#715 – Dick Bernard: On growing Elder.

This afternoon, at the annual Heart of the Beast May Day Parade, the obvious salute at the end of the regular parade was to “Grandmas and Grandpas”
(Click on photos to enlarge them)

Near end of May Day/Cinco de Mayo Parade, south Minneapolis, May 5, 2013

Near end of May Day/Cinco de Mayo Parade, south Minneapolis, May 5, 2013

A Grandpa (at left) and a Grandma honor the May Day Parade as it nears its end, May 5, 2013

A Grandpa (at left, partially obscured by a lady) and a Grandma are honored by, and honor, the Minneapolis May Day Parade as it nears its end, May 5, 2013

It was an especially nice, and particularly pertinent, touch to a topic that has been much on my mind in recent days, but has been on my thought screen for many years: how elders fit in (or not) in our contemporary American society.
In the last week or two I’d been concentrating on a long remembrance of past days at tiny Sykeston ND High School: the place I had graduated from in May, 1958.
Among many other memories, it occurred to me that at the time of my high school graduation 55 years ago, my Dad and Mother – he was the Superintendent and one of my teachers – were 50 and 48 years old respectively.
My oldest son is now 49. And my parents seemed plenty old, back then in May, 1958.
Then in mid-week last week, more or less impromptu, I had something to do with a gathering on Law Day, May 1, which by design celebrated several Elders, most over 90, all of whom had been prominent in their working lives, and now are part of the huge category called “who’s he?”, or “she?”.
In conversing with one of them – a man I scarcely knew before April, 2013 – I had occasion to remember a workshop from 1998, which became my Christmas card in 2000.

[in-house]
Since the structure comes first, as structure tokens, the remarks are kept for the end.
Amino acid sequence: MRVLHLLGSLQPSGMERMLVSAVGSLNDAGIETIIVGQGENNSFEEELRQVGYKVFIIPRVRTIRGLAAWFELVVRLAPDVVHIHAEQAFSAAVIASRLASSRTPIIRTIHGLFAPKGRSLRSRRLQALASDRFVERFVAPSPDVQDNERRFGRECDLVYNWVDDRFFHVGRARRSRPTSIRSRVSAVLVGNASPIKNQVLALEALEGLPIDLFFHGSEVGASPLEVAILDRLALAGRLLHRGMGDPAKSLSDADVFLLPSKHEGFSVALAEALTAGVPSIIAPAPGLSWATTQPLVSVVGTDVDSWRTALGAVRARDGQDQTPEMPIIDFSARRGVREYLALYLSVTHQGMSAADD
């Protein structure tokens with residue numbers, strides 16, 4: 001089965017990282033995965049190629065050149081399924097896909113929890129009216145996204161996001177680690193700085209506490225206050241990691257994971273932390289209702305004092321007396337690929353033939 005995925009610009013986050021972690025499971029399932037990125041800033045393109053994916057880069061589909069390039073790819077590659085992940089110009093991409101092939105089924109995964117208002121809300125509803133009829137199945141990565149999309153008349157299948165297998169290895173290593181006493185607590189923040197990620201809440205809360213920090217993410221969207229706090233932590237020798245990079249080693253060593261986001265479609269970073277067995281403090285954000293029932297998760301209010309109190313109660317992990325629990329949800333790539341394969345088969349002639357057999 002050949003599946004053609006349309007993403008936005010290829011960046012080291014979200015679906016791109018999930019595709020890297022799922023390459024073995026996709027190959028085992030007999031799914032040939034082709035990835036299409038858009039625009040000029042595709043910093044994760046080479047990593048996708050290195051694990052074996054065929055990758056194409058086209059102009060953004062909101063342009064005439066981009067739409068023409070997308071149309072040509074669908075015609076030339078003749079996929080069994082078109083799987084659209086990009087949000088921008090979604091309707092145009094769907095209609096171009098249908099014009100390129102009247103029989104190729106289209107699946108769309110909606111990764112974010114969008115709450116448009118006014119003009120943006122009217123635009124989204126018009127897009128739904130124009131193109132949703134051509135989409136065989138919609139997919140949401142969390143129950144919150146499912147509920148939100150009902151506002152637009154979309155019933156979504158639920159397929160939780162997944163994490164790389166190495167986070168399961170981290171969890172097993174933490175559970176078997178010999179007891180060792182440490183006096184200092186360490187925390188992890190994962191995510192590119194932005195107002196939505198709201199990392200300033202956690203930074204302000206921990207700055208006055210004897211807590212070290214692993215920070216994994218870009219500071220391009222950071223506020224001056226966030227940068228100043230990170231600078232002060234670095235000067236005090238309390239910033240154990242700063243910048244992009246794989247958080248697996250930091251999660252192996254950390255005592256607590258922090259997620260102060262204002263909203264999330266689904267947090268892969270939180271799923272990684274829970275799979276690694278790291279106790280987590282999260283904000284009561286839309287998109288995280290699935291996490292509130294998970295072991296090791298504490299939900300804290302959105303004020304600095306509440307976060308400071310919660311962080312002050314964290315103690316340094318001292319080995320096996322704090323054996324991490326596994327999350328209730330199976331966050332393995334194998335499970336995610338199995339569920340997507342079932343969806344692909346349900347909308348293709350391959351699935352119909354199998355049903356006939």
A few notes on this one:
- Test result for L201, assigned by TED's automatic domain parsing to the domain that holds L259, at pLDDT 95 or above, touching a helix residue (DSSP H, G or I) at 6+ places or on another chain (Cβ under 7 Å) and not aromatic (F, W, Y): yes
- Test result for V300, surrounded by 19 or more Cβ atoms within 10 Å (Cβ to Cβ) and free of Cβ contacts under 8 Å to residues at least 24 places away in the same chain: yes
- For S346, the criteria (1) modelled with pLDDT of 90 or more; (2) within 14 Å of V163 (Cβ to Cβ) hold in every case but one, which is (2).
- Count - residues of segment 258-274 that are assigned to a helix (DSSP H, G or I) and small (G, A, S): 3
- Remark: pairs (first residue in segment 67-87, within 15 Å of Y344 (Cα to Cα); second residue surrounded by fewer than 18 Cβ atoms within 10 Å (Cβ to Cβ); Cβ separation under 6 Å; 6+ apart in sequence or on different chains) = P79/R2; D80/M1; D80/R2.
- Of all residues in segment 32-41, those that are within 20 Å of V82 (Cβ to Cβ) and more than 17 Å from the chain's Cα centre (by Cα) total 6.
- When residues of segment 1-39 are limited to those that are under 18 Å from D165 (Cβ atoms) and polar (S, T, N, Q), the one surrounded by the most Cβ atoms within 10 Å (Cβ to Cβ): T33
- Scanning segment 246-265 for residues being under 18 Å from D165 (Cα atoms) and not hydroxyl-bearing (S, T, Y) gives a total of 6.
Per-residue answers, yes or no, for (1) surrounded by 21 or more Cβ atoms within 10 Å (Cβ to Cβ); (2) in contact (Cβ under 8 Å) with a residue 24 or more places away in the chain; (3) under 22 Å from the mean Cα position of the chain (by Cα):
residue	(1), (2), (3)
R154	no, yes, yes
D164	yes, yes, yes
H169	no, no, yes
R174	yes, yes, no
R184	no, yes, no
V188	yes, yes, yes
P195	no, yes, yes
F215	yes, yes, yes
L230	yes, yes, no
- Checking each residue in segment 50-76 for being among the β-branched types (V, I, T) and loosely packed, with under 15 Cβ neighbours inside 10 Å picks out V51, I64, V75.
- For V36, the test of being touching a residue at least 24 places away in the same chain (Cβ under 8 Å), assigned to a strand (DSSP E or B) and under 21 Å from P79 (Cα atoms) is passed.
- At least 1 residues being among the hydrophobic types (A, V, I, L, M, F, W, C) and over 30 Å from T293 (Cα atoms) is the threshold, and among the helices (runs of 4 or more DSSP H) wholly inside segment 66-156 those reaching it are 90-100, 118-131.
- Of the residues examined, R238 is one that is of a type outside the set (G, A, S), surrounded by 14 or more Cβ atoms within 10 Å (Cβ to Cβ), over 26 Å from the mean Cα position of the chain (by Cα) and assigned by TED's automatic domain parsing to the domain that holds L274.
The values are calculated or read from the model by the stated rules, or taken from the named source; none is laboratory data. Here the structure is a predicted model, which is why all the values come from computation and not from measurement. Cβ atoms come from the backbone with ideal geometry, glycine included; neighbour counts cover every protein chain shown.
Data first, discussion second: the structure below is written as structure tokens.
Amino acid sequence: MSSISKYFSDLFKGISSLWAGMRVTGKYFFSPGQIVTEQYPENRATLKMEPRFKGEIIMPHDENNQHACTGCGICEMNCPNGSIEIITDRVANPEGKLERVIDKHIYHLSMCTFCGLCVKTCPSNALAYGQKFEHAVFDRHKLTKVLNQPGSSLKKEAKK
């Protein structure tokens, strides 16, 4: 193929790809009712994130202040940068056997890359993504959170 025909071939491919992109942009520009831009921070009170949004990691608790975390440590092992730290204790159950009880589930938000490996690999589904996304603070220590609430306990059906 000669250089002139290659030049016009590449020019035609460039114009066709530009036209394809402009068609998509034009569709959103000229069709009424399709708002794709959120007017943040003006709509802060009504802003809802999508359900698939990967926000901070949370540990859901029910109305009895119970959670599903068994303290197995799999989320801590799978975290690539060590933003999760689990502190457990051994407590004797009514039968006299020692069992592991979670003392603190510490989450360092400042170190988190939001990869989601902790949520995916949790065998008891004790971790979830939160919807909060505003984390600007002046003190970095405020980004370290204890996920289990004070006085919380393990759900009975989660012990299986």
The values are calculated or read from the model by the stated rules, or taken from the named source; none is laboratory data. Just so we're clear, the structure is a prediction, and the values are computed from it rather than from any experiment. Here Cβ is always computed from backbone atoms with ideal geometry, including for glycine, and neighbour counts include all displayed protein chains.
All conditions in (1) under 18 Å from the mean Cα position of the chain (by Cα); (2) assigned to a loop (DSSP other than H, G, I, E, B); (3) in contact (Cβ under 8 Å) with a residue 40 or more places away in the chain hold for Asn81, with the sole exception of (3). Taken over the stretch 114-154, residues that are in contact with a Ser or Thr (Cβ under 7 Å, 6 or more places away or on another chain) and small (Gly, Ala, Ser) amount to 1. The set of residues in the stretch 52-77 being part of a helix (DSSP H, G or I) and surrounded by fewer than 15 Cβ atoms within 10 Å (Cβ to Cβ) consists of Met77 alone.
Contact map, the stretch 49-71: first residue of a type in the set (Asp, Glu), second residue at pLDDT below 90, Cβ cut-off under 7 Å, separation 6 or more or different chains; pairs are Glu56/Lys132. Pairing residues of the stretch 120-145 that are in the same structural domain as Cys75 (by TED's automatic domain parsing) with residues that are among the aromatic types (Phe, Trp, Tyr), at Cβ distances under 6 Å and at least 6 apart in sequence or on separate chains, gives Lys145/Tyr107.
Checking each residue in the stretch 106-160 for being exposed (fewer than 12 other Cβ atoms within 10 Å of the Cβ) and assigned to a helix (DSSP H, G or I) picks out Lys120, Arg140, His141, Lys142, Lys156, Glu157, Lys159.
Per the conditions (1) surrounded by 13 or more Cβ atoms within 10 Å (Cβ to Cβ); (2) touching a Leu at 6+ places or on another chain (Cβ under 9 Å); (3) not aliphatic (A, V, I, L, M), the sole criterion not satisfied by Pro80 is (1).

The topic was “Canyon of 60 Abandon”. The card is brief and can be read here: Canyon of 60 Abandon002
The premise of the Canyon story is really very simple: ours is a society which tends to discard its Elders at an arbitrary time called “retirement”. Oh, we give them things like Social Security and Medicare, but basically they’re marched off into a remote area to their old person thing, and (I suppose) hopefully leave behind a substantial financial inheritance.
The story goes on about one family who violated the society rules, and hid their Elder under their porch, ultimately to their great benefit.
In my recollection of that now-15 years ago workshop, the story-teller, Michael Meade, didn’t go into specifics about what value their Elder added to the family that benefited from his or her presence.
That is the essence of story-telling. It is left to the listeners to create the real-world basis of the story.
I’ve now been in that “Canyon of 60 Abandon” for over 13 years, and it has been a most interesting and extraordinarily enriching life experience.
There is something that the Elders possess that those younger cannot, and it is important that the Elders be valued and included and not discarded.
How our society relates to those “out to pasture” tells a great deal about us.
And it is important for us to really pay attention to these relationship questions, as we struggle, ever more, with an uncertain future, and with difficulties in inter-generational communication (think Facebook versus the face-to-face word-of-mouth) that our ancestors would have relied on not too many years ago.
Who do you know in that Canyon? How can they be more truly valued while they are living. And if you’re in that Canyon, what is important about not isolating yourself?
Can we talk?
ADDED Posts on this topic: June 7, 2013, September 1, 2013